The Roman Stoics: Self, Responsibility, and Affection by Gretchen Reydams-Schils

The Roman Stoics: Self, Responsibility, and Affection

byGretchen Reydams-Schils

Paperback | May 15, 2006

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Roman Stoics of the imperial period developed a distinctive model of social ethics, one which adapted the ideal philosophical life to existing communities and everyday societal values. Gretchen Reydams-Schils’s innovative book shows how these Romans—including such philosophers as Marcus Aurelius, Seneca, Hierocles, and Epictetus—applied their distinct brand of social ethics to daily relations and responsibilities, creating an effective model of involvement and ethical behavior in the classical world. 

The Roman Stoics reexamines the philosophical basis that instructed social practice in friendship, marriage, parenting, and community life. From this analysis, Stoics emerge as neither cold nor detached, as the stereotype has it, but all too aware of their human weaknesses. In a valuable contribution to current discussions in the humanities on identity, autonomy, and altruism, Reydams-Schils ultimately conveys the wisdom of Stoics to the citizens of modern society.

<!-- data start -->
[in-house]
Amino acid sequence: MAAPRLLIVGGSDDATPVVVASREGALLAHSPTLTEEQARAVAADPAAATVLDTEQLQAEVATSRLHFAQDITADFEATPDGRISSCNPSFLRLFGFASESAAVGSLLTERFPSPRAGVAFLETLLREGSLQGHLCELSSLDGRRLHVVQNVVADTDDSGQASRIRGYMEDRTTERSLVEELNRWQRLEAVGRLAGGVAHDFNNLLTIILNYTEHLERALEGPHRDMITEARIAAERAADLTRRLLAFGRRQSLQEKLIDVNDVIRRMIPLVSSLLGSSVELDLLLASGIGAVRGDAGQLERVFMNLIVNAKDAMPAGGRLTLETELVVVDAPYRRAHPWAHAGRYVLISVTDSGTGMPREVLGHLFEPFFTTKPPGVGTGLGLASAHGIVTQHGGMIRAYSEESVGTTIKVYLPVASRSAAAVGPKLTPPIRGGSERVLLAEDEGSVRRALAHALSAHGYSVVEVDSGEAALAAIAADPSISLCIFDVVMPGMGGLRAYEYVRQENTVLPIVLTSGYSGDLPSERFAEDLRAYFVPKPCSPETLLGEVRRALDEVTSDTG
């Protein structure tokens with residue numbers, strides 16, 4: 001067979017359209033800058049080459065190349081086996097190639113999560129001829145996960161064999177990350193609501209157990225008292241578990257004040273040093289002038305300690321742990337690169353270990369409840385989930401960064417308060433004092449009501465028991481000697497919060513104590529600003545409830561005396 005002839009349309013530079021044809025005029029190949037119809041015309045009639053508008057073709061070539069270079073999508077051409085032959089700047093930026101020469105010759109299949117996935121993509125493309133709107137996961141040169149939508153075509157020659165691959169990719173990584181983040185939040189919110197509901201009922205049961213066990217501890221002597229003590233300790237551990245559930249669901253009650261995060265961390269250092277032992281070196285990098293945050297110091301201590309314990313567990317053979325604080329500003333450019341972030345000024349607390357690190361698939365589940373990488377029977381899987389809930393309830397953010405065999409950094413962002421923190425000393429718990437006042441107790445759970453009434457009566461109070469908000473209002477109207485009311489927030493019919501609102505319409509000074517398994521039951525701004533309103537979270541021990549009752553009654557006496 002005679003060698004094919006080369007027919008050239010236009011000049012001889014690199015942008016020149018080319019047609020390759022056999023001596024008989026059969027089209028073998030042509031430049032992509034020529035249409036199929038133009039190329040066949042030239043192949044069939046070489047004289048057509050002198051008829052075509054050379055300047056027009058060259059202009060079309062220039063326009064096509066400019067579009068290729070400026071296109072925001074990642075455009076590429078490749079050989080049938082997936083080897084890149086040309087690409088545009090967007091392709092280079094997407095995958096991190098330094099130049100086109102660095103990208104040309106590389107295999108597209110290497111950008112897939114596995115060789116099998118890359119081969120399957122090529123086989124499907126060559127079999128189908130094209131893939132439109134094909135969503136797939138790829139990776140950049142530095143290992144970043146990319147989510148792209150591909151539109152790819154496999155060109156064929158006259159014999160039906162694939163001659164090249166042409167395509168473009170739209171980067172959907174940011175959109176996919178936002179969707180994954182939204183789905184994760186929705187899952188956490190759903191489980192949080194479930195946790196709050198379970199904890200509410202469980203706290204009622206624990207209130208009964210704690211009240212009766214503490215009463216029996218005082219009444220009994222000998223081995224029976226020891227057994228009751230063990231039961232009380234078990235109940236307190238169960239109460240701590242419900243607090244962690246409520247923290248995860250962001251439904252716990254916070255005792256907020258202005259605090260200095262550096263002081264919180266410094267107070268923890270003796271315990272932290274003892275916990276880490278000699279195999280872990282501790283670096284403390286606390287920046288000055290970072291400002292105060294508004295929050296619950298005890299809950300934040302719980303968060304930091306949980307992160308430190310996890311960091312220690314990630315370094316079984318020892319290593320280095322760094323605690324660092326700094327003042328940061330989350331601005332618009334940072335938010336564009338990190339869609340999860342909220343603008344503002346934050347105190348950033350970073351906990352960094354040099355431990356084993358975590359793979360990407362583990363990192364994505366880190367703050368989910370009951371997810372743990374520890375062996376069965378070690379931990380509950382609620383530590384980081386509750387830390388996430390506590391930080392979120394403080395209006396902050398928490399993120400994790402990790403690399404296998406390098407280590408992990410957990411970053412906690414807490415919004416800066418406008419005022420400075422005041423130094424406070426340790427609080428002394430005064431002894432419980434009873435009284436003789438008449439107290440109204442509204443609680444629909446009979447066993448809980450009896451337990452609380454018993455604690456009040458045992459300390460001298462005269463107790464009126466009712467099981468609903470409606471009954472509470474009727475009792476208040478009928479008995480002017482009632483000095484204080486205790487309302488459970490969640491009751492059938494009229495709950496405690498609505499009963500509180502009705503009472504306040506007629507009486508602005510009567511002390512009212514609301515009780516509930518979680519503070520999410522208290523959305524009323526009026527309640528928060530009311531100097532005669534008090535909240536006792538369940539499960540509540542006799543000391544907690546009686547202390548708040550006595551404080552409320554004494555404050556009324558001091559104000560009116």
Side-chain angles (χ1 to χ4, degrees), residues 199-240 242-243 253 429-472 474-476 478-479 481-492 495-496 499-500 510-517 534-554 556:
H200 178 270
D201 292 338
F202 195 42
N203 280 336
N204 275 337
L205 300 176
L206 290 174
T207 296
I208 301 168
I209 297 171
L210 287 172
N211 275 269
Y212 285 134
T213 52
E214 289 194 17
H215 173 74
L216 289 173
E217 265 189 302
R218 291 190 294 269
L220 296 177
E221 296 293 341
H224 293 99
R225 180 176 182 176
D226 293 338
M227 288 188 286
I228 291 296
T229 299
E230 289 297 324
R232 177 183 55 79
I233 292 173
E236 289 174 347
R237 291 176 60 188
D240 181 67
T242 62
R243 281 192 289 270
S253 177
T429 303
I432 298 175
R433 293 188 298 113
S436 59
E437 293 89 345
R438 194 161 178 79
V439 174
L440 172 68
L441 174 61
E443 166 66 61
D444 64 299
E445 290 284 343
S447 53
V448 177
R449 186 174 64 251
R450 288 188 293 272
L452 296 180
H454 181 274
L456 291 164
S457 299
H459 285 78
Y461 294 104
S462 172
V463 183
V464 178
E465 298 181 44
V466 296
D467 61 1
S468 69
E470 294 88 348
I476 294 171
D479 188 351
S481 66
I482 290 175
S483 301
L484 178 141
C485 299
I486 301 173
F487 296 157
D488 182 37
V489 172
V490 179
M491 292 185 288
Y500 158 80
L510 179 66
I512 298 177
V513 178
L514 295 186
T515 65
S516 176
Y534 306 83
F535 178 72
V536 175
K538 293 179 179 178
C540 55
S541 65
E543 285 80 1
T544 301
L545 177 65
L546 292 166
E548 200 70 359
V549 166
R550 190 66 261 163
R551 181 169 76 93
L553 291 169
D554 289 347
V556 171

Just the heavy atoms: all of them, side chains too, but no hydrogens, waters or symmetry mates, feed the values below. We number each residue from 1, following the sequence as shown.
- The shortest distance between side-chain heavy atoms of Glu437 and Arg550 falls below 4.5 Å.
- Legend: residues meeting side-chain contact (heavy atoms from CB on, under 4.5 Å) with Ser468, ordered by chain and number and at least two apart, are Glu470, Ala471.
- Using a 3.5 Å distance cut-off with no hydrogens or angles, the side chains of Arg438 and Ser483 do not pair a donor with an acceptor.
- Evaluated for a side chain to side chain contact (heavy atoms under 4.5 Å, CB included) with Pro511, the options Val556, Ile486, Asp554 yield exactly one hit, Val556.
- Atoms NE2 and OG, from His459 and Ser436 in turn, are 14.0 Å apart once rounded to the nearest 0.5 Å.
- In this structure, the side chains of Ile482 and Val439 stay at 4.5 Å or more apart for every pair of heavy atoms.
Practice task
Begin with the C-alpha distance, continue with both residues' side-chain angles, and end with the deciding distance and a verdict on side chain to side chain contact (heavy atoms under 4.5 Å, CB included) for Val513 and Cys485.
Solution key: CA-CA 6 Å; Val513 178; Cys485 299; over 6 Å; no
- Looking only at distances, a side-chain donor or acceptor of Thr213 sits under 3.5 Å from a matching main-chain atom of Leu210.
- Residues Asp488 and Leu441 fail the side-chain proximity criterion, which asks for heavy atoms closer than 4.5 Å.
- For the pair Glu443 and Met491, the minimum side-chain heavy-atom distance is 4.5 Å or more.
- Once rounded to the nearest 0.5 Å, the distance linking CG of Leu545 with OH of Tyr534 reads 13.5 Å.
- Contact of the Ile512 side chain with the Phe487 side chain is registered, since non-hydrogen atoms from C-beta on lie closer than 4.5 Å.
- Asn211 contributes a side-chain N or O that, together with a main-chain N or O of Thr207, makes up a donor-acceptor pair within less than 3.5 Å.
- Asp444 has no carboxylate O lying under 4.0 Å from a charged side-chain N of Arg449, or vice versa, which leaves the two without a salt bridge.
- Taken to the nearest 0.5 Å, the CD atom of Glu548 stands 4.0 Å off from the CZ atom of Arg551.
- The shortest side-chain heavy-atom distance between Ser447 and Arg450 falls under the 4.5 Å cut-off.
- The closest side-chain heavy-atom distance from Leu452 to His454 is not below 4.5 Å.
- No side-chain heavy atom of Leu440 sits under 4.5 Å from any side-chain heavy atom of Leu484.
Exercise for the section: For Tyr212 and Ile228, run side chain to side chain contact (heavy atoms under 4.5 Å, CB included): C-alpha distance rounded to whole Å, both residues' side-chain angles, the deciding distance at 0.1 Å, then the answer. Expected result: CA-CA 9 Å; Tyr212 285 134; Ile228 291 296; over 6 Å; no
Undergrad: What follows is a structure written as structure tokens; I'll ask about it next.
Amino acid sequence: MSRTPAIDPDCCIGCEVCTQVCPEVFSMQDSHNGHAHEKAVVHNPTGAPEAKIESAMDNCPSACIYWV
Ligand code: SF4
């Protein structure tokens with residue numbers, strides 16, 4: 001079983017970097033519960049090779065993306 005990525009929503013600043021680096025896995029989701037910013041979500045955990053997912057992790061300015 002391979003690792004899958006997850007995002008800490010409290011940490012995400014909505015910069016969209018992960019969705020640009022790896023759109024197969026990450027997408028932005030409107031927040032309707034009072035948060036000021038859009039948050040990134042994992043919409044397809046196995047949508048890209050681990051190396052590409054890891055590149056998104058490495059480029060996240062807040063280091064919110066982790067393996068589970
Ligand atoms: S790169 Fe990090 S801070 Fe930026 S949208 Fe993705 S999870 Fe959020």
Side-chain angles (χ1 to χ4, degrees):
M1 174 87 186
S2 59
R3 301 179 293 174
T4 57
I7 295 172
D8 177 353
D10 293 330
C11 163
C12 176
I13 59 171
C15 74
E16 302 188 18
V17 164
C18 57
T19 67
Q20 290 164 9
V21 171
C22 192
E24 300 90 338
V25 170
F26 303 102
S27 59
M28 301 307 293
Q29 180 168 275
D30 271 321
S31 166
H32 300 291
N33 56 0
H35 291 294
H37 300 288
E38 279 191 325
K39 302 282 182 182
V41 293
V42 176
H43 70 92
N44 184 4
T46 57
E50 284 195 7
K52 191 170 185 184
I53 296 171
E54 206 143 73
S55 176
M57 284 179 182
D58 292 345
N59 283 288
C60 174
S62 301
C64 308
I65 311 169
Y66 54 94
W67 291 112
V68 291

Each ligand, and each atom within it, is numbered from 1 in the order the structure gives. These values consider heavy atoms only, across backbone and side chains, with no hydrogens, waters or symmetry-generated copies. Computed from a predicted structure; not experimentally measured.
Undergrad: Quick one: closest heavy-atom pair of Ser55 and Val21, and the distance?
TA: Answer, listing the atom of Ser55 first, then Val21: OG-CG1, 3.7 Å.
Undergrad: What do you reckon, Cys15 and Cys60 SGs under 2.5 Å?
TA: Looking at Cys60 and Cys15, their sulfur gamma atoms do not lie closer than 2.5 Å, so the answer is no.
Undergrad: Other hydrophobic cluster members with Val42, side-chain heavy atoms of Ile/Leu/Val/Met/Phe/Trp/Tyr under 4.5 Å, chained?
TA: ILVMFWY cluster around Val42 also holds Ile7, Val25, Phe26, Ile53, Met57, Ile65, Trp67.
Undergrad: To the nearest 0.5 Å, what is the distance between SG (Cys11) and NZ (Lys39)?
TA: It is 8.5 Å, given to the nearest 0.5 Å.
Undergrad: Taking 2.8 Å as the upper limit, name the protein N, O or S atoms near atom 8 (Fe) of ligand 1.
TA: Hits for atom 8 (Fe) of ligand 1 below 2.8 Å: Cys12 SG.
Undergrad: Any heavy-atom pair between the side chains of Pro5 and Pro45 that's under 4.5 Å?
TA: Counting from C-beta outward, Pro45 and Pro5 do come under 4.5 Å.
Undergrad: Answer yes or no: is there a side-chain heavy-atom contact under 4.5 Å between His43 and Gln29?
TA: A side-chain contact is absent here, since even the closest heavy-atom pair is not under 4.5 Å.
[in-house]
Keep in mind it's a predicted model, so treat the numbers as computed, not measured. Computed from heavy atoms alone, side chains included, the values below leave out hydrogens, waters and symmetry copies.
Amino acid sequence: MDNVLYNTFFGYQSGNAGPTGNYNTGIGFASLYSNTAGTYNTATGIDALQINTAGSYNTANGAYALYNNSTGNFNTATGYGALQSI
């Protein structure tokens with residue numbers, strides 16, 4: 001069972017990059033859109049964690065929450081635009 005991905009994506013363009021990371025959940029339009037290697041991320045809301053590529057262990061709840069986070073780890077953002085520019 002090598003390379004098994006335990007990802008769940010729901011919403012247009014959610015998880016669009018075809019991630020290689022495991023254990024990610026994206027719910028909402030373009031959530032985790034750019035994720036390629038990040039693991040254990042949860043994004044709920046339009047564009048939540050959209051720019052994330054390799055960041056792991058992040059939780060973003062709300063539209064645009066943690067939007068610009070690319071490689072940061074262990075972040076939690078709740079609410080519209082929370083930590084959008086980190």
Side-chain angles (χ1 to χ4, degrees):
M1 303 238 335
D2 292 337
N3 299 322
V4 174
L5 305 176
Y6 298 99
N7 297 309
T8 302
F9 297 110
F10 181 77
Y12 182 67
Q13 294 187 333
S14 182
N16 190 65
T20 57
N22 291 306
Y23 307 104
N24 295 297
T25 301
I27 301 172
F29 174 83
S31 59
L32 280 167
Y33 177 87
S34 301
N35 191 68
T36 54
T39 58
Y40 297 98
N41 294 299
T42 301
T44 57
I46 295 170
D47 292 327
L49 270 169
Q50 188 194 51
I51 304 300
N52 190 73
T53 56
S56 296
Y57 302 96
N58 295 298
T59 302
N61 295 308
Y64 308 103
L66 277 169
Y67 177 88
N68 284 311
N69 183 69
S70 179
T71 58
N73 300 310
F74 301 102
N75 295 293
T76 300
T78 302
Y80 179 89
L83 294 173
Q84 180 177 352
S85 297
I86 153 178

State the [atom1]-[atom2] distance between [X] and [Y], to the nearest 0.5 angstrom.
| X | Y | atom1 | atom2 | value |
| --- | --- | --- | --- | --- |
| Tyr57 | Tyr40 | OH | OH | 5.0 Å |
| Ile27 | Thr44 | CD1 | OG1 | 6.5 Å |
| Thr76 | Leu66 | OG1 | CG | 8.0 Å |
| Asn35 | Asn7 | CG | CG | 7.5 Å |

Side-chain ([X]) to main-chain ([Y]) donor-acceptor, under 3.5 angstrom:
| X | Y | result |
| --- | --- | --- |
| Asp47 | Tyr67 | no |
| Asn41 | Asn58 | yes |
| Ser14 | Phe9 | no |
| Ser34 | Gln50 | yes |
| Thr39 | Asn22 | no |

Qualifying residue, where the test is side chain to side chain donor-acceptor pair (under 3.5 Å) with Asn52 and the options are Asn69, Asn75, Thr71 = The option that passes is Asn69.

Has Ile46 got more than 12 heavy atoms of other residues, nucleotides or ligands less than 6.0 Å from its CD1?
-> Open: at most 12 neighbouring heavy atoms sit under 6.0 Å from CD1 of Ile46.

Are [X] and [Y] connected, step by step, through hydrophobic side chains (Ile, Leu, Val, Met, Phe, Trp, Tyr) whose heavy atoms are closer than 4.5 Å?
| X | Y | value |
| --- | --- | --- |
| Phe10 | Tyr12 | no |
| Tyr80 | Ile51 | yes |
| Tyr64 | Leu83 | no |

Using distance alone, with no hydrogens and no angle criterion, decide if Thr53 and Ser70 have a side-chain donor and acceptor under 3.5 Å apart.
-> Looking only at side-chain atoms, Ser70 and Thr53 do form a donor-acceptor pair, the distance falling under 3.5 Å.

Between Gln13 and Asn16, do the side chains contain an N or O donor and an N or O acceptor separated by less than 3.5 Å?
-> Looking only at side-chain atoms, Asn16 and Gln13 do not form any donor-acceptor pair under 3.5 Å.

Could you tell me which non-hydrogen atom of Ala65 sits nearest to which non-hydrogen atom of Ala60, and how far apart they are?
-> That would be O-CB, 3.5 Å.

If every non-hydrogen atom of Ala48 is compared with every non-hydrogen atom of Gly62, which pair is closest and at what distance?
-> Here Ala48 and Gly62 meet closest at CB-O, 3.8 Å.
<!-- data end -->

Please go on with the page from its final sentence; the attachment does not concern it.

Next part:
About The Author

Gretchen Reydams-Schils is associate professor in the Program of Liberal Studies at the University of Notre Dame. She is the author of Demiurge and Providence: Stoic and Platonist Readings of Plato’s "Timaeus," and An Anthology of Snakebites: On Women, Love and Philosophy.

Details & Specs

Title:The Roman Stoics: Self, Responsibility, and AffectionFormat:PaperbackDimensions:224 pages, 9 × 6 × 0.6 inPublished:May 15, 2006Publisher:University Of Chicago PressLanguage:English

The following ISBNs are associated with this title:

ISBN - 10:0226710262

ISBN - 13:9780226710266

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Extra Content

Table of Contents

Acknowledgments
List of Abbreviations
Introduction
1. The Self as a Mediator
2. From Self-Sufficiency to Human Bonding
3. Politics, the Philosophical Life, and Leisure
4. Parenthood
5. Marriage and Community
Bibliography
Index of Passages Cited
General Index